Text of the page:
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26 March 2021

Proximo Weekly: Don’t leave hydrogen to market forces

Europe , Americas, Middle East & Africa, Asia-Pacific
The list of planned hydrogen projects in the global pipeline is ballooning daily. But where’s the level of support from governments – regulatory and financial – that will make green and blue hydrogen commercially bankable?

In the early days it was government regulation and subsidy for developing renewables technologies that were widely touted as the economic accelerants behind energy transition. Now it is market-based drivers – a combination of the continually lowering cost of renewable power and project development, and development of new, more cost-effective and reliable technology.

The change is tangible – we now have zero-subsidy offshore wind projects in the pipeline; a cost-effective and developing battery market that could ultimately remove weather risk from the renewables equation; and the list of green hydrogen projects planned by energy majors across the world is growing faster than a Greensill bankruptcy. Even in the US, market-based drivers ensured the renewables sector continued to grow during Trump’s medieval administration.

But how true is it that market-based drivers have taken the helm on energy transition? A recent report by two US academics – the highlights of which were published in– on the key drivers behind the retirement or switch to gas of 348 US coal-fired power units from January 2008 to September 2016 found that it was not market drivers but the 2015 Cross State Air Pollution (CSAP) rule that had the biggest impact. It estimates that CSAP – not lower gas prices or renewables adoption – was responsible for reducing the expected production life of the coal power units that it affected by a total of 1,170 years.

The report’s conclusion is surprising, but given the outcome is the same whether politically or market-driven, what difference does it make? The difference will be the speed of transition to carbon free – the more government support and regulation, the quicker the market-based change – and that has relevance for the fast-paced development of what could replace a large chunk of the oil and gas market in the future, green hydrogen.

The potential project pipeline for hydrogen is already booming. Many of the established renewables developers and oil companies (although the oil major focus is normally blue hydrogen with carbon emissions storage rather than green hydrogen) have announced ambitious schemes. ACWA Power and Air Products have teamed up with the NEOM city of the future project in Saudi to develop a $5 billion green hydrogen/ammonia project. DEME Concessions and Oman’s national oil company OQ plan to build a 250-500MW electrolyser to produce green hydrogen – the Hyport Duqm Green Hydrogen project.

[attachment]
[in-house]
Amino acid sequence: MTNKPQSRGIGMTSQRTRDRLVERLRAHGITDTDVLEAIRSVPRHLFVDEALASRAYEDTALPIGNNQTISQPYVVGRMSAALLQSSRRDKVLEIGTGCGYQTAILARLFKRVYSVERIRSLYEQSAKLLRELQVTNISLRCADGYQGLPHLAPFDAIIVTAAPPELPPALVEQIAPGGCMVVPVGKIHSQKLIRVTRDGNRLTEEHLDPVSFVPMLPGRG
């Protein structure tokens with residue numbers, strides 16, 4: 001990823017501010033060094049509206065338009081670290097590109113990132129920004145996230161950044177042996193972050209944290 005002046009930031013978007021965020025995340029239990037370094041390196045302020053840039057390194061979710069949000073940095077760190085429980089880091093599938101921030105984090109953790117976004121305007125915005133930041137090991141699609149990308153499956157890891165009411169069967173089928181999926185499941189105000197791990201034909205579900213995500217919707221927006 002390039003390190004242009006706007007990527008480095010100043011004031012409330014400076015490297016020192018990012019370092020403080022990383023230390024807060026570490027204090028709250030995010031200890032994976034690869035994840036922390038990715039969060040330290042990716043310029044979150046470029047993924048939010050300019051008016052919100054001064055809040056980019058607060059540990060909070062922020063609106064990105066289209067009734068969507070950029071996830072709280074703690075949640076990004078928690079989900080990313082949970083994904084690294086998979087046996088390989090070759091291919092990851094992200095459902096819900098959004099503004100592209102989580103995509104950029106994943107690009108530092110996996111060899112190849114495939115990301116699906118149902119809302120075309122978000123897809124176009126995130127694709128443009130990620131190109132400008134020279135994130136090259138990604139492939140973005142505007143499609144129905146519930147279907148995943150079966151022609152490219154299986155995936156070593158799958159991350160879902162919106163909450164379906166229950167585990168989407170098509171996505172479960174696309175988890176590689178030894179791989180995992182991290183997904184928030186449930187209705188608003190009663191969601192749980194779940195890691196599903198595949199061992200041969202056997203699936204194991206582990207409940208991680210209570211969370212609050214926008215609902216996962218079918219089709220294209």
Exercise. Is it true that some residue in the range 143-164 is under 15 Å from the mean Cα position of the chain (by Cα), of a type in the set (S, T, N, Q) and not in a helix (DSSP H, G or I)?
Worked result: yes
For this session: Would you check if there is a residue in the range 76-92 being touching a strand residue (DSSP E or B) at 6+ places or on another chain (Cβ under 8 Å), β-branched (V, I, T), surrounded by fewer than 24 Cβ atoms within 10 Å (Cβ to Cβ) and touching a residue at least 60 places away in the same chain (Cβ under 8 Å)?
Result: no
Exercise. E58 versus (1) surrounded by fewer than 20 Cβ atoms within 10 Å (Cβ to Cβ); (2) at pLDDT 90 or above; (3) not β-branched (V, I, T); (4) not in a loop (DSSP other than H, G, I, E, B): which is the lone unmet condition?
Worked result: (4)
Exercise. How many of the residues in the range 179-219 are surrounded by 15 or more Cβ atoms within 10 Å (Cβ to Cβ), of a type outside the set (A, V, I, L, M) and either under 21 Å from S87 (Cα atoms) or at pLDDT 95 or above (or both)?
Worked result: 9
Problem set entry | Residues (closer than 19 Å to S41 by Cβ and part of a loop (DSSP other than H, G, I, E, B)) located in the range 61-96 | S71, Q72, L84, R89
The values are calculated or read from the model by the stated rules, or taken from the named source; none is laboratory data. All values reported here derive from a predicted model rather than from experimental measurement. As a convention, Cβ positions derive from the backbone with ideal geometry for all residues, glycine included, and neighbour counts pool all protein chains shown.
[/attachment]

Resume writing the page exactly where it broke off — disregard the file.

In the past fortnight alone Tatweer and ACME Solar have announced plans for a $2.5 billion green hydrogen project, also at Duqm. The GET H2 hydrogen initiative – a partnership between BP, Evonik, Nowega, OGE, RWE, Salzgitter Flachstahl and Thyssengas – have submitted an expression of interest for funding under the IPCEI programme (Important Project of Common European Interest) to Germany's Federal Ministry of Economics and Technology for a green hydrogen project (the scheme will comprise production, transport, storage and industrial offtake of hydrogen produced from renewable energies). EIG-controlled Prumo Logistica, through its Porto do Acu Operacoes subsidiary, has signed a MoU with Fortescue Future Industries to conduct feasibility studies on installing a green hydrogen plant at the industrial complex at the Port of Acu.  And BP has kick-started a feasibility study for its 1GW H2Teeside blue hydrogen project, on which it will make a final investment decision in 2024.

The proliferation of big names getting into hydrogen is good news for the nascent sector – international developers have the credit quality and balance sheets, if required, to speed up utility-scale development and establish a global supply chain. But arguably there is also a downside – a temptation for cash-strapped governments, and even DFIs, post-pandemic to take the view that market forces, particularly the focus of oil and gas majors on diversification, will deliver hydrogen on a scale that brings down cost of production and delivers transition at an acceptable pace. In short, the subsidy and DFI support made available for hydrogen – if it eventually emanates from governments – may not match the levels that start-ups in the wind and solar markets initially benefitted from.